GOLD OVER BRONZE: Nigeria Looks to Reclaim ‘Lost’ Gems from England


In London’s British Museum sits some of the 4,000 bronze sculptures British troops pillaged from an invasion of the Kingdom of Benin (now southwestern Nigeria) over 120 years ago.

The Nigerian government has sought to have those artifacts of great historical and financial value returned, but only in late 2018 did Britain agree to cough up some of the loot — on loan.

In football, however, Nigeria has enjoyed considerable success in reclaiming some of its gems from British possession, and could yet have even more.

Upon us is an era in which bright young stars of African descent are lighting up English football, with a number of them having roots in Nigeria but shining on the platform provided by some of Britain’s biggest clubs.

Unsurprisingly, a tug-of-war has ensued, with England and Nigeria pulling at either end. But where the former may have been a more alluring suitor in the past (see Gabby Agbonlahor and, depending on who you believe, John Fashanu), the Super Eagles — the trendiest of African national teams at present, and not just because of those chic Nike kits — are almost as sexy these days.

It’s why London-born Ola Aina switched allegiance to Nigeria in May 2017 despite previously representing England at youth level, and also why — on the day Aina turned 19 — Alex Iwobi (born in Lagos, bred in London) did the same, at a time when they were on the books of Chelsea and Arsenal respectively.  Before either, of course, there was Victor Moses crossing the sea.

To its credit, England has managed to hold on to Tottenham Hotspur’s Dele Alli and — relatively loosely — Dominic Solanke (technically still available to Nigeria, having only featured in a friendly for the Three Lions), but there are a few more blossoming talents for both countries to contest in the not-too-distant future. Chelsea, for instance, have Fikayo Tomori and in-form striker Tammy Abraham on show, the pair forming part of a core of academy graduates that has sustained Frank Lampard’s ban-stricken Blues thus far this season.

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“I have heard the talk [about being called up by Nigeria],” said Abraham, the most eye-catching of the bunch, after a three-goal showing (not counting own goals) against Wolves on the most recent Premier League matchday that has shot him to the summit of the scoring charts so early in his debut top-flight campaign.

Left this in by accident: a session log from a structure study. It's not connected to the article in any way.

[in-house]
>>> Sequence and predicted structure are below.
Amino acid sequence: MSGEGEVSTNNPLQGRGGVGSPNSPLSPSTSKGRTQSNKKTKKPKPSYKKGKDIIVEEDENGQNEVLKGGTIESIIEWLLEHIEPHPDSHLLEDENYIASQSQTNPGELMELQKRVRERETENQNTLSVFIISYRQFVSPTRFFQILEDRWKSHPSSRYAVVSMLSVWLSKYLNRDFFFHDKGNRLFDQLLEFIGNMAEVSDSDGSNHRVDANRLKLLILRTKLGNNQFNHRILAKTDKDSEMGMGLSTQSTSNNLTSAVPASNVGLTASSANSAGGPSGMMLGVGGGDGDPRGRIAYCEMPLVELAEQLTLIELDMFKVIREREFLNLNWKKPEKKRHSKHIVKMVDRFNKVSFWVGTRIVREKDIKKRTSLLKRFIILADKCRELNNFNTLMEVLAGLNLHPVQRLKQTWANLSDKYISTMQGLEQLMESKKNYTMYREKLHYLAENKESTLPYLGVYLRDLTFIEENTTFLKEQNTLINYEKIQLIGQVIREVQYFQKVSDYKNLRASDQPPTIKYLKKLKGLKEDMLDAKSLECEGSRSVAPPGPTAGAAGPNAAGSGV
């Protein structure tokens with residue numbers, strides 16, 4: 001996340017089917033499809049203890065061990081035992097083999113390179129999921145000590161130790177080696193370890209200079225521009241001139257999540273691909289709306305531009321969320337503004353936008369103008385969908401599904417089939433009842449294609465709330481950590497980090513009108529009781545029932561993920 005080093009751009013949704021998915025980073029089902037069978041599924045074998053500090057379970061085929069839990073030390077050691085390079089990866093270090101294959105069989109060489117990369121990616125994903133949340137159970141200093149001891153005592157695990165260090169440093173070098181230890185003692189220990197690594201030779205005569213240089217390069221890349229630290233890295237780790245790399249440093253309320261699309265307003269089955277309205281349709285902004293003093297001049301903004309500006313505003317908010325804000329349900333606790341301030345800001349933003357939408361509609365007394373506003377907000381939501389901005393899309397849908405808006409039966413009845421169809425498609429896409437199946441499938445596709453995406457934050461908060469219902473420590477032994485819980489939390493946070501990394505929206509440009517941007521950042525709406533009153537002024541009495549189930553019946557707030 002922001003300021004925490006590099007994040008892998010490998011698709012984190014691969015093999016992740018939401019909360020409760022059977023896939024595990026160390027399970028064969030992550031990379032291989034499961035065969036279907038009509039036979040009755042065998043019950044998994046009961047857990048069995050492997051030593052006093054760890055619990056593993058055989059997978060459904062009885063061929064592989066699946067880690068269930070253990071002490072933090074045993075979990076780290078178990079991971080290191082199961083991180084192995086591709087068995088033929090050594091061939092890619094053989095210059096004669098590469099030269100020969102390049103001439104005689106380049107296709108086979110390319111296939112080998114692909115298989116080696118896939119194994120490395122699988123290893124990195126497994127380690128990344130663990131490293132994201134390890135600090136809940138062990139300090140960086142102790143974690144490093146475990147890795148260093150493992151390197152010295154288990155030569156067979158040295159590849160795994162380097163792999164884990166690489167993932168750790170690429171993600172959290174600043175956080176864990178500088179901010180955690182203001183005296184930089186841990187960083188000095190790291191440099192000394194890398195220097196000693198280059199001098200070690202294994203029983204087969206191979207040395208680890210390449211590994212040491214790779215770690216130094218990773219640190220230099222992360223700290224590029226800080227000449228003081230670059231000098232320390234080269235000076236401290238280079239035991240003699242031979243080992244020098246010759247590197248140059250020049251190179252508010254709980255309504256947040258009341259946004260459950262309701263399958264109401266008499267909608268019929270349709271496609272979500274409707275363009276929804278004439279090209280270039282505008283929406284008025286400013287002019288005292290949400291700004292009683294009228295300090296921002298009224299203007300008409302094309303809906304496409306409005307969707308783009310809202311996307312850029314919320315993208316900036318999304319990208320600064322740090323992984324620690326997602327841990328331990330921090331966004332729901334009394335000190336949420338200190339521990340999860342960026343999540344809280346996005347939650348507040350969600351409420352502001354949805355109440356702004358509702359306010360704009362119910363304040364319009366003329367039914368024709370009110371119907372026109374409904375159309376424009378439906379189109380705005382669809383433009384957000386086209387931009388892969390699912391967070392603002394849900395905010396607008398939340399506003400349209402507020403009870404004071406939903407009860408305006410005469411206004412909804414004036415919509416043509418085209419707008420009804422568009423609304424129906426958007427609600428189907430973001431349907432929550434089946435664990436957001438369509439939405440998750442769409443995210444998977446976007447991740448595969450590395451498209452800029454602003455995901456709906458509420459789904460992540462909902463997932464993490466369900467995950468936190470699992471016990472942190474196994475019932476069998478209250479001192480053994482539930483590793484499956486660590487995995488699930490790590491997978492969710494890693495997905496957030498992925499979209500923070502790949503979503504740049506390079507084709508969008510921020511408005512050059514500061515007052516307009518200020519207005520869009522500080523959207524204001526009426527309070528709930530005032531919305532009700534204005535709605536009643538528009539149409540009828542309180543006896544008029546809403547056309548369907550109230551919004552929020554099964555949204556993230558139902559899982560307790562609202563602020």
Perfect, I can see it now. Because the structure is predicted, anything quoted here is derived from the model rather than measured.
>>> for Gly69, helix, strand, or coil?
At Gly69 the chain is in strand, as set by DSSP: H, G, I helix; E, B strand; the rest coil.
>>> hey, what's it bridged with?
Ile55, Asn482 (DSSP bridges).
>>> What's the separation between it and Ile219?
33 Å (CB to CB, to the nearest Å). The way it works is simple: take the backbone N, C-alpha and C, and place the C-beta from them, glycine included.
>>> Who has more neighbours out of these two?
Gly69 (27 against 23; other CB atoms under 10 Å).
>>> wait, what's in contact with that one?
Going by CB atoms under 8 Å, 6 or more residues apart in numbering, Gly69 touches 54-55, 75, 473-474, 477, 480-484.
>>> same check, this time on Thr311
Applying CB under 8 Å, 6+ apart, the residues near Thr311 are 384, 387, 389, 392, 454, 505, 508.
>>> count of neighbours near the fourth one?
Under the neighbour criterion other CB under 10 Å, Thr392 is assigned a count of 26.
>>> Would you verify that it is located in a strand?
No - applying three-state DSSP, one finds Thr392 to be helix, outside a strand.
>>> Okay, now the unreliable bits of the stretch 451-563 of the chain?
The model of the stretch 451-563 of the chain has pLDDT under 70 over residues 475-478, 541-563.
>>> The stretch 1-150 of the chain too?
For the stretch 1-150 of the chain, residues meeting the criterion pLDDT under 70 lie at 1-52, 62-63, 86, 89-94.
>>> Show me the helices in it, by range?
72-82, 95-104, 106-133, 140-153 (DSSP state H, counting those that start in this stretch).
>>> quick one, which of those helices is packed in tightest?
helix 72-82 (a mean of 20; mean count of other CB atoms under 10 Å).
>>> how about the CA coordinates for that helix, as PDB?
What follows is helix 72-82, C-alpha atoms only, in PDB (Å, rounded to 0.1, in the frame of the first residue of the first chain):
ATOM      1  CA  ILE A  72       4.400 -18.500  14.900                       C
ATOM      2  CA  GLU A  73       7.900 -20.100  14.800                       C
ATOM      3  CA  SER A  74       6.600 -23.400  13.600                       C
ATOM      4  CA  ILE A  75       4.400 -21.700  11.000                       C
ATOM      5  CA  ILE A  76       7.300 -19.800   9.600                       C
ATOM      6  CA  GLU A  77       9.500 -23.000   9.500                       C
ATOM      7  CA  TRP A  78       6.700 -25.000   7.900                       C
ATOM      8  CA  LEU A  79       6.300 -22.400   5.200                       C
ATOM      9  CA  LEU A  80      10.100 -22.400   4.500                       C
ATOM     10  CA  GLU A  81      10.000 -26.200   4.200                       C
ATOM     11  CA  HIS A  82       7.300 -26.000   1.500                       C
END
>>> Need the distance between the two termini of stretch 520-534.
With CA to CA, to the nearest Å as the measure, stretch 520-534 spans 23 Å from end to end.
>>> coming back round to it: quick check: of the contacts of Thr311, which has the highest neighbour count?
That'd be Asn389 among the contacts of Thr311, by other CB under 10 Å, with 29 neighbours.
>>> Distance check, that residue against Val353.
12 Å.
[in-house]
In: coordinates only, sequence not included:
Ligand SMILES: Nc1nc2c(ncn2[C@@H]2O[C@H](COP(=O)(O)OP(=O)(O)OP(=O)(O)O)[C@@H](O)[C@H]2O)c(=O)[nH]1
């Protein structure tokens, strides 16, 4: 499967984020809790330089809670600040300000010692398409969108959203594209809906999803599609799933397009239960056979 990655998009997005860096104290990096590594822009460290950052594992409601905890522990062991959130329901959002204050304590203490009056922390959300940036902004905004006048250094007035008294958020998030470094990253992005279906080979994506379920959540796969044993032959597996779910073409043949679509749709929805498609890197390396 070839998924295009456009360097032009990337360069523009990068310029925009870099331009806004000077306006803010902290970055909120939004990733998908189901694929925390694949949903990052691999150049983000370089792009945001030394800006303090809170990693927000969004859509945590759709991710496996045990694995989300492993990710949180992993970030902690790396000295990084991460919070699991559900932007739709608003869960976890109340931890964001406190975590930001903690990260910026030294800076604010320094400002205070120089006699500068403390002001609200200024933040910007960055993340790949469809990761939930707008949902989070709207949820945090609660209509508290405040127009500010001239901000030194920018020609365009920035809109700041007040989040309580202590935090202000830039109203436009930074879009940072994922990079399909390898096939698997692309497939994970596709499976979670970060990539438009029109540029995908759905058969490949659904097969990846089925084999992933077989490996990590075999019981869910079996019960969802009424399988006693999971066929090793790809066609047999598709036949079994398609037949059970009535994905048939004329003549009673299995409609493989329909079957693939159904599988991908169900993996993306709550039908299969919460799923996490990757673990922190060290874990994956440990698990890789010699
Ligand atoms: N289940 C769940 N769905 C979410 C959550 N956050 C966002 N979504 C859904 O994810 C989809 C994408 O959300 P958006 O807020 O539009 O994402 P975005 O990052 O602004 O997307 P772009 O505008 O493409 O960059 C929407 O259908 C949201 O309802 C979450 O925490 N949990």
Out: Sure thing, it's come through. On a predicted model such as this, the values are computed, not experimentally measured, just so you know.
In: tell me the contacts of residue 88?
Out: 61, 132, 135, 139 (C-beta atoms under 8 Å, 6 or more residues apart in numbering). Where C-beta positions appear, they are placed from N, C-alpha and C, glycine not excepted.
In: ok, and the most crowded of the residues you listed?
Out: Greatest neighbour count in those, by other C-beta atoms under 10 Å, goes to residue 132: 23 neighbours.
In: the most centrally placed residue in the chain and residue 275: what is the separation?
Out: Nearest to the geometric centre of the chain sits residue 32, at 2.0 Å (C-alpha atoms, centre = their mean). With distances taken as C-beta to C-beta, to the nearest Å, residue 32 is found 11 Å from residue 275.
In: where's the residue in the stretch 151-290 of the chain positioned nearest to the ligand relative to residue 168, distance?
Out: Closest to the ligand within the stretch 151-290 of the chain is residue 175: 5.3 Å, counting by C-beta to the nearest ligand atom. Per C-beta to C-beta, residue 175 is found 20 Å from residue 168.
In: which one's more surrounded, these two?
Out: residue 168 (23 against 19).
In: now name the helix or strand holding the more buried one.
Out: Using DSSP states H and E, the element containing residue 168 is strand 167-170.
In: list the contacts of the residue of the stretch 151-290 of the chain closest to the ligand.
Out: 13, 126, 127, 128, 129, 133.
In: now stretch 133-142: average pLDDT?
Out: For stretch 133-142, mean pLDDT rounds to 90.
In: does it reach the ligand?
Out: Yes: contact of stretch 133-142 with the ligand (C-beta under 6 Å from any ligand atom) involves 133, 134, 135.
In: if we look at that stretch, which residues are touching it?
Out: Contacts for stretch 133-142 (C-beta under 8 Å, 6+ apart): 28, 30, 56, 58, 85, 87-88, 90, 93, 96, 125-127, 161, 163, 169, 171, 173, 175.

“We never know,” the 22-year-old, whose birthday trails Nigeria’s by a day, added. “You can never say never; whatever comes first, really.”

That doesn’t exactly sound like a come-and-get-me plea (and it probably isn’t), I know, but it is an opening just wide enough for Nigerian football authorities to slip through — to ‘shoot their shot’, as they say – while England trainer Gareth Southgate ponders a move.

Elsewhere – oh, there are many more scattered around — Queens Park Rangers youngster Eberechi Eze could be wooed (he has already trained with the Eagles) and the West Africans would feel a bit more confident, following the admittedly under-the-radar recent acquisitions of Rangers’ Joe Aribo and former Arsenal youth Chuba Akpom.

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Tolu Olasoji, a Nigerian freelance journalist whose work has featured on international platforms like Al Jazeera, suggests what the Nigeria Football Federation might do to grab as many of these lads as possible.

“This period is, perhaps, best for the NFF to poach, considering the pool of talent and depth the England squad already has, while Nigeria offers more room to be taken up,” he says.

“Also,” Olasoji continues, “the focus of Nigeria national team coach Gernot Rohr on young, exciting players — with the zeal to play well and win, yes — should help the federation in their pitches to these players.”

Should that bait work and Nigeria bag even a handful of such golden gifts, all the bronze in the British Museum would hold no greater value.

NY Frimpong — Daily Mail GH

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